The Thread would manage how frequently it sends cb commands, for instance maybe you send with a 10msec delay if the queue.get returned a value, but if you get Queue.Empty, send the last command then wait for 50 msec. You'd probably want to handle the Queue getting too full, in which case you'd be falling behind.. Like check qsize, and if more than some value, you could read multiple values from the queue, but only send the latest.
I got my MiP driving app to work like the original app once I set up a dedicated thread to send the speed every 50 ms.
The ui.delay() seems to be more or less the same as creating a threading.Timer, which is a new thread. I had hoped/guessed that it would instead schedule the function to be run in the UI thread, as this is something most UI frameworks I am familiar with supports and often requires. (As a side note, that erroneous approach worked for a longer time when I tried it on a newer (A8X class) device.)
The turning seems to have been caused by a misreading of the MiP protocol description. You send it a command byte followed by a number of argument bytes that depend on the command. The problem is that the robot often accept commands with fewer arguments, if there is sufficient delay afterwards. So I sent two too short driving commands after each other, and the second one was interpreted the turning argument of the first one.
So, as long as you observe thread safety and send commands of the correct length, controlling the MiP using the cb module seems entirely deterministic.
I will see if I can come up with a test of your buffering theory, but in the MiP case, there is really no point in trying to push data faster than the robot physically can act. So throttling on the host side seems reasonable. (A possible exception is if you open up the robot and use the hacker port UART to communicate with some other micro-controller.)
@mteep - can you post your script as an example. I would like to see how you setup the dedicated thread and did the timing and communication between the callback and the thread.
@omz - I found a real bug (probably in 1.5 as well). The animation function curve_bounce_in_out calls two non-existent functions.
def curve_bounce_in_out(x): t = x d = 1.0 if t < (d / 2.0): return curve_ease_in_bounce(x * 2) * 0.5 return curve_ease_out_bounce(x * 2 - d) * 0.5 + 0.5
Should be curve_bounce_in and curve_bounce_out - right?
@wradcliffe: confirmed in 1.5.
Sorry about the late reply. The forum was down last time I tried answering. My script is a little too long for this thread, so I have removed almost everything except the sending thread. (I will post the whole thing to GitHub once it's a little more complete.) The MipManager starts the SpeedUpdater thread once it gets the write characteristic in a callback. My UI calls action methods in MipManager (not shown), which either sets the current speed or turn in the SpeedUpdater, or occasionally queues a special command. Currently, I only send other commands when the robot has fallen over in order to attempt to get up (something the original app doesn't do at all), so the simple timing works. Finally, when my UI is closed, I call the shutdown method of SpeedUpdater via the MipManager.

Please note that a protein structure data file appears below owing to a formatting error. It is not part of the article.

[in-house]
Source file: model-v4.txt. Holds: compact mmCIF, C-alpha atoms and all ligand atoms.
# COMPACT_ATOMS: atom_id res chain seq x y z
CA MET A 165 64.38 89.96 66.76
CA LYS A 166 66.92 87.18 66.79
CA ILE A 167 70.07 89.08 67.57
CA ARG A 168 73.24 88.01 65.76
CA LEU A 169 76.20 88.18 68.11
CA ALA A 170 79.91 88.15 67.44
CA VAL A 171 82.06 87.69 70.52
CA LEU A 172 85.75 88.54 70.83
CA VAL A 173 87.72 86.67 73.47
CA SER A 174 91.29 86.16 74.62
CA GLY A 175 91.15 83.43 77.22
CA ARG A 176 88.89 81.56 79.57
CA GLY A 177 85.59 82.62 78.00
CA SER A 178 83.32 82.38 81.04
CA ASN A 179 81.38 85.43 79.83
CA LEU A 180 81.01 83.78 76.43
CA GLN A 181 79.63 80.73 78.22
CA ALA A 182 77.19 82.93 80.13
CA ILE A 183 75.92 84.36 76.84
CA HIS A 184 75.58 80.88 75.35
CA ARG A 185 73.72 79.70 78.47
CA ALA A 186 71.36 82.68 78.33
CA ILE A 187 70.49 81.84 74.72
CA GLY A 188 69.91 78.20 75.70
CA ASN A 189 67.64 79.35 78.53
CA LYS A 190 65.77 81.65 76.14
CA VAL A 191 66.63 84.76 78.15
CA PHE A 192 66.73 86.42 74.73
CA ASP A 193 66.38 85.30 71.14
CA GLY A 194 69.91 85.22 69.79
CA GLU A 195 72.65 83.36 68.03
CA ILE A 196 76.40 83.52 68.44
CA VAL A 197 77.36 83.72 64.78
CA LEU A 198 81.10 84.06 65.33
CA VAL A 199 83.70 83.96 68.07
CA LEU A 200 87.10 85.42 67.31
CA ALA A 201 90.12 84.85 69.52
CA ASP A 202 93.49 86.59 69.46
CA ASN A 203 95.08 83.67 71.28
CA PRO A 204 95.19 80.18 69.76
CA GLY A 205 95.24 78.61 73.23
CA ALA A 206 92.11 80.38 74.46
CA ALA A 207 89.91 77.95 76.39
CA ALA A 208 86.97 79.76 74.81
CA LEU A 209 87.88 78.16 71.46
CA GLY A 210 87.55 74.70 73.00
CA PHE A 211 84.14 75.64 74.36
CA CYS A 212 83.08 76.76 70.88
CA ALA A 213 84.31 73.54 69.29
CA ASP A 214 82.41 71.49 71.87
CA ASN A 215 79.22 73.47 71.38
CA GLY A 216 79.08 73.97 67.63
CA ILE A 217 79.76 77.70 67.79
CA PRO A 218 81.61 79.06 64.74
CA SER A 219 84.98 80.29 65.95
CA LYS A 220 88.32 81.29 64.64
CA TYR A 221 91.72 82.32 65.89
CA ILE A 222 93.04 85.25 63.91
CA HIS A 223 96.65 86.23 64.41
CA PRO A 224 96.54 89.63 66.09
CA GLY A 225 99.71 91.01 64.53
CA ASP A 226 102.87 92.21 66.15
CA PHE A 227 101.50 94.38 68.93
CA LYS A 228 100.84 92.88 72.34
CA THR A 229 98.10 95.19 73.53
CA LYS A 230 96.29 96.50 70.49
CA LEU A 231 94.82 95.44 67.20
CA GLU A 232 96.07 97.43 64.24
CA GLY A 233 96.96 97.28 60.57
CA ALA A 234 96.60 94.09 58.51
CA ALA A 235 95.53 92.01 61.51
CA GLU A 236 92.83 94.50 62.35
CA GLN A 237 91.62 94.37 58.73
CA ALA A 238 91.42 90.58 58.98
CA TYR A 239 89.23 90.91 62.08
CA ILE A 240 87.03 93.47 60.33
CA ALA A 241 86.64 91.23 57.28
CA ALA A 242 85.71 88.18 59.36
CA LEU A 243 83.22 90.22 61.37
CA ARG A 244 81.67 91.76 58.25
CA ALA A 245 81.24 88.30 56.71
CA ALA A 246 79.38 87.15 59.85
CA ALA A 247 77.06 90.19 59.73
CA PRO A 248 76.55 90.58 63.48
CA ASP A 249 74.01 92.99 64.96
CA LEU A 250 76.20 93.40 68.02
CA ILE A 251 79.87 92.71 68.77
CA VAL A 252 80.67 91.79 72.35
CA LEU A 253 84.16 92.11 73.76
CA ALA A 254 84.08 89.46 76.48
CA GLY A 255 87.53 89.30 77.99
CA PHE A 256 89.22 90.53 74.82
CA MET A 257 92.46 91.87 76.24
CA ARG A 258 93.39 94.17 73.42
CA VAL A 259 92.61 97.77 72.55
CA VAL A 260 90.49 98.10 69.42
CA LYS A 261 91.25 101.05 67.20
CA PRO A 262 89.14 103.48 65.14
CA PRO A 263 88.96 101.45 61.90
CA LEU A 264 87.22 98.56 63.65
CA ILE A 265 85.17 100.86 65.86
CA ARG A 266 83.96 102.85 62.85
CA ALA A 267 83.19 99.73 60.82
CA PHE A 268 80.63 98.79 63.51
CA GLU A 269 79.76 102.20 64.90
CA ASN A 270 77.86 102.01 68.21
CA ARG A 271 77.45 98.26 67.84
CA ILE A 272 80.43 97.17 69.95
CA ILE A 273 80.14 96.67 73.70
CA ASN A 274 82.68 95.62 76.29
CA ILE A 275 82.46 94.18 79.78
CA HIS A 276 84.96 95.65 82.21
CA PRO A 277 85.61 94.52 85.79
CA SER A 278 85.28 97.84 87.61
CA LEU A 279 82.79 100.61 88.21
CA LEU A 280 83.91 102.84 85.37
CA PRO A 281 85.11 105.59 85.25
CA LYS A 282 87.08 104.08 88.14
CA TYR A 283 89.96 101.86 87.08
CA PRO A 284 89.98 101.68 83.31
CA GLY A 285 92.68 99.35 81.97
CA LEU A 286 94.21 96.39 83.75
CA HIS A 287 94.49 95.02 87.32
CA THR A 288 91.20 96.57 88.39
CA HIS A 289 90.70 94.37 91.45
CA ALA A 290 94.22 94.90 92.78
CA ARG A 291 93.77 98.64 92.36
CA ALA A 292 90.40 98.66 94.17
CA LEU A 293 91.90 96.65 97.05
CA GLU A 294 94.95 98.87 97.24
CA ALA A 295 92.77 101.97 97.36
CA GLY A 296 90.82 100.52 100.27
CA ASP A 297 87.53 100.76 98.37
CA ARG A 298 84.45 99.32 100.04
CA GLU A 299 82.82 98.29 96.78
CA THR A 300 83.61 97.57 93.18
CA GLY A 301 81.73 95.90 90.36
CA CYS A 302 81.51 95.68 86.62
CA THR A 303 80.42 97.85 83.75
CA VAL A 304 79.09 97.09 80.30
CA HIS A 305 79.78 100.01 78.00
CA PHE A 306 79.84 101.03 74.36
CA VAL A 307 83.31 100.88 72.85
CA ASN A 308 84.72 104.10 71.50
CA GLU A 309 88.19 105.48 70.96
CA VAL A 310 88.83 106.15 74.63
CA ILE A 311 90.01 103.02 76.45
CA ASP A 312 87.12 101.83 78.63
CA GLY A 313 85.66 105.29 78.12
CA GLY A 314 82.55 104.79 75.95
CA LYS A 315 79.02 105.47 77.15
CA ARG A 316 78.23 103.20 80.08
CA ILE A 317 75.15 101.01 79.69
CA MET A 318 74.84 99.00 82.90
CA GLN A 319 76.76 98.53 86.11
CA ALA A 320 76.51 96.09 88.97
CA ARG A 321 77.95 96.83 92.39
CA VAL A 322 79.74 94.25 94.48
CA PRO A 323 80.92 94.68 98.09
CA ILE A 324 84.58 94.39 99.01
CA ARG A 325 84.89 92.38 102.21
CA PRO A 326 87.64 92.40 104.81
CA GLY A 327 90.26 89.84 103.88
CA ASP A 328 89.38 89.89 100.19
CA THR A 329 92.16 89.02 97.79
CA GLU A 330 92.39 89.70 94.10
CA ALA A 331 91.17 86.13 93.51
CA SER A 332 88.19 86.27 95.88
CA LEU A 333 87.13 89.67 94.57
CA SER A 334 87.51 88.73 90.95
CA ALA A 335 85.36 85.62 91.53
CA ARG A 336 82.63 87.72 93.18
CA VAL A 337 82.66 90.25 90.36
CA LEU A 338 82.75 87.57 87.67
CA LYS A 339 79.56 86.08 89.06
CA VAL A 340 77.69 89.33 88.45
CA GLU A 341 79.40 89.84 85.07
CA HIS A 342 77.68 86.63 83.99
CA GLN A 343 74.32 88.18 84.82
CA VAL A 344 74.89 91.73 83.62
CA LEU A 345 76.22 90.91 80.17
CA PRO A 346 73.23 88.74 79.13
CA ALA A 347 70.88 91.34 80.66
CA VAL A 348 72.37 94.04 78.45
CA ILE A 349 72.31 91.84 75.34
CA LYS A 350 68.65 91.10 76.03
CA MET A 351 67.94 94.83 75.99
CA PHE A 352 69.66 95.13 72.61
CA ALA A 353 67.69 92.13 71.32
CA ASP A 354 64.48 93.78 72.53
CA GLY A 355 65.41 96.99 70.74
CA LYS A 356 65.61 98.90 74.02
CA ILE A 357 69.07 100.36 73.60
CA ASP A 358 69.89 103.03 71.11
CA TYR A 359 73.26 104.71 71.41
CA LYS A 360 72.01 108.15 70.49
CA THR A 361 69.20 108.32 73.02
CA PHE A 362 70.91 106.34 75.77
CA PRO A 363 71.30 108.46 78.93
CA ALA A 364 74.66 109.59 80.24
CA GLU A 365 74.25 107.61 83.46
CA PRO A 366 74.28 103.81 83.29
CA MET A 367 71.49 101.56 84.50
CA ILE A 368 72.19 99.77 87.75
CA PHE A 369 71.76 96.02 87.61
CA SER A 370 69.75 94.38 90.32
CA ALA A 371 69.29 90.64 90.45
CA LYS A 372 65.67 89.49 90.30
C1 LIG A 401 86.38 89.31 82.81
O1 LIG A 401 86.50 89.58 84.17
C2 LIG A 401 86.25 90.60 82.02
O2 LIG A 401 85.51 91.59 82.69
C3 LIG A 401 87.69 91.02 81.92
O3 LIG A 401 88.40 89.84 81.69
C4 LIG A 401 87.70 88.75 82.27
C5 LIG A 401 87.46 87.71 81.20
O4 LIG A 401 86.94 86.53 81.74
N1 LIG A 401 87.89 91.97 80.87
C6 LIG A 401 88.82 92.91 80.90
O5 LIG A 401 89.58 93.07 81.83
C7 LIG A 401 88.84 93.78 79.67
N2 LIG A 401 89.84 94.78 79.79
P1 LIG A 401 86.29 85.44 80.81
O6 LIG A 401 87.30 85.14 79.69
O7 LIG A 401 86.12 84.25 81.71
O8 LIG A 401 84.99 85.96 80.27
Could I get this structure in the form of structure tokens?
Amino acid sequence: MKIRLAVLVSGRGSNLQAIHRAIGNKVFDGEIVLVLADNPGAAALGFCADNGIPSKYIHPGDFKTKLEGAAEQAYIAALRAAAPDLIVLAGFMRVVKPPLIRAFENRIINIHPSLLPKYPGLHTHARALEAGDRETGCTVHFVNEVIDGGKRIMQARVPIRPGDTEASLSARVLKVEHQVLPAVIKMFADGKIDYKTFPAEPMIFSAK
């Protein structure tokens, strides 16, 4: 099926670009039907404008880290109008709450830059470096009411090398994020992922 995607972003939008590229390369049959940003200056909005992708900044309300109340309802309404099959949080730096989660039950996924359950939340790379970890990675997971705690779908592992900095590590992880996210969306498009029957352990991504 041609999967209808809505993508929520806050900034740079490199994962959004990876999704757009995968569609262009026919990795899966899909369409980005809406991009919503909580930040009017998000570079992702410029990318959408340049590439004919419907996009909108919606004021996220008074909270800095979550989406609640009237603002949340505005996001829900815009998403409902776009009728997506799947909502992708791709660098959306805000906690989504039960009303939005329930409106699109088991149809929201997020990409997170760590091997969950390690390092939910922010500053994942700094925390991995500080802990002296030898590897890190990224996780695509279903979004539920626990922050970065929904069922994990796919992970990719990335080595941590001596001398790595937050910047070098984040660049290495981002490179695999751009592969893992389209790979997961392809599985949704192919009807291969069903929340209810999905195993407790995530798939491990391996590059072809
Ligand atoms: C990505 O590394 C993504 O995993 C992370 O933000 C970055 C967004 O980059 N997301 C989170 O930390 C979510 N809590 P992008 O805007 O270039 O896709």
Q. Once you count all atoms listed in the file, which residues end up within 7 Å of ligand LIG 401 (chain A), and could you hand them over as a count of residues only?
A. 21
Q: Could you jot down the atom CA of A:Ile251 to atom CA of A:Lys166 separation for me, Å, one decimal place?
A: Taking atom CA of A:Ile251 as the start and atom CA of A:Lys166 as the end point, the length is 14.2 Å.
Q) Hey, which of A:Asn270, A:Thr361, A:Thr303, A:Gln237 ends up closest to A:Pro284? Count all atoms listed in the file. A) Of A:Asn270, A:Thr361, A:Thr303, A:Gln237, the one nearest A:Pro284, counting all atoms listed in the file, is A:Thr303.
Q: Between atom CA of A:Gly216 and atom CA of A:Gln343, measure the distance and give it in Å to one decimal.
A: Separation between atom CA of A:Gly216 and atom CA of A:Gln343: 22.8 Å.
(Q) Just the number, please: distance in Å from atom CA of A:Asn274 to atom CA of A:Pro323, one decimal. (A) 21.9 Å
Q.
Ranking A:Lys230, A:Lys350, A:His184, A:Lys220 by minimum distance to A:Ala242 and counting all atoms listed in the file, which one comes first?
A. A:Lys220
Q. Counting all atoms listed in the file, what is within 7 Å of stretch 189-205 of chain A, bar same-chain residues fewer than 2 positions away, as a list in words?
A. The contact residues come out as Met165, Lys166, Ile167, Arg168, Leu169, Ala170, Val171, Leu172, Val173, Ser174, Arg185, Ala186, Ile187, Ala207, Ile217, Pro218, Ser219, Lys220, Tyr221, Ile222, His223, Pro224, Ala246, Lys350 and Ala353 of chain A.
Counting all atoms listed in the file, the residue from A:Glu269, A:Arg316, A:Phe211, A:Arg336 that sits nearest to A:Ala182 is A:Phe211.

Note that I'm not sure of the thread safety of this code or of Queue.Queue. I just noticed that the threading support was closely modeled after Java and hoped the memory model would be too.
import cb import threading import Queue class SpeedUpdater(threading.Thread): def __init__(self, peripheral, characteristic): threading.Thread.__init__(self) self.peripheral = peripheral self.characteristic = characteristic self.state_lock = threading.Condition() self.keep_alive = True self.speed_code = 0 self.turn_code = 0 self.queue = Queue.Queue() def run(self): keep_alive = True while keep_alive: try: msg = self.queue.get_nowait() self.peripheral.write_characteristic_value(self.characteristic, msg, False) except Queue.Empty: with self.state_lock: self.state_lock.wait(0.05) speed_code = self.speed_code turn_code = self.turn_code if (speed_code != 0) or (turn_code != 0): msg = chr(0x78)+chr(speed_code) + chr(turn_code) self.peripheral.write_characteristic_value(self.characteristic, msg, False) with self.state_lock: keep_alive = self.keep_alive def set_speed(self, speed_code): with self.state_lock: self.speed_code = speed_code def set_turn(self, turn_code): with self.state_lock: self.turn_code = turn_code def queue_cmd(self, cmd): self.queue.put(cmd) def shutdown(self): with self.state_lock: self.keep_alive = False self.state_lock.notifyAll() self.join() class MiPManager (object): def __init__(self): self.state_lock = threading.RLock() self.peripheral = None self.speed_updater = None def did_discover_characteristics(self, s, error): log('Did discover characteristics...') for c in s.characteristics: if c.uuid == 'FFE9': with self.state_lock: self.speed_updater = SpeedUpdater(self.peripheral, c) self.speed_updater.start()
@mteep - did you determine that the RLock used in the MiPManager object was necessary to prevent crashes?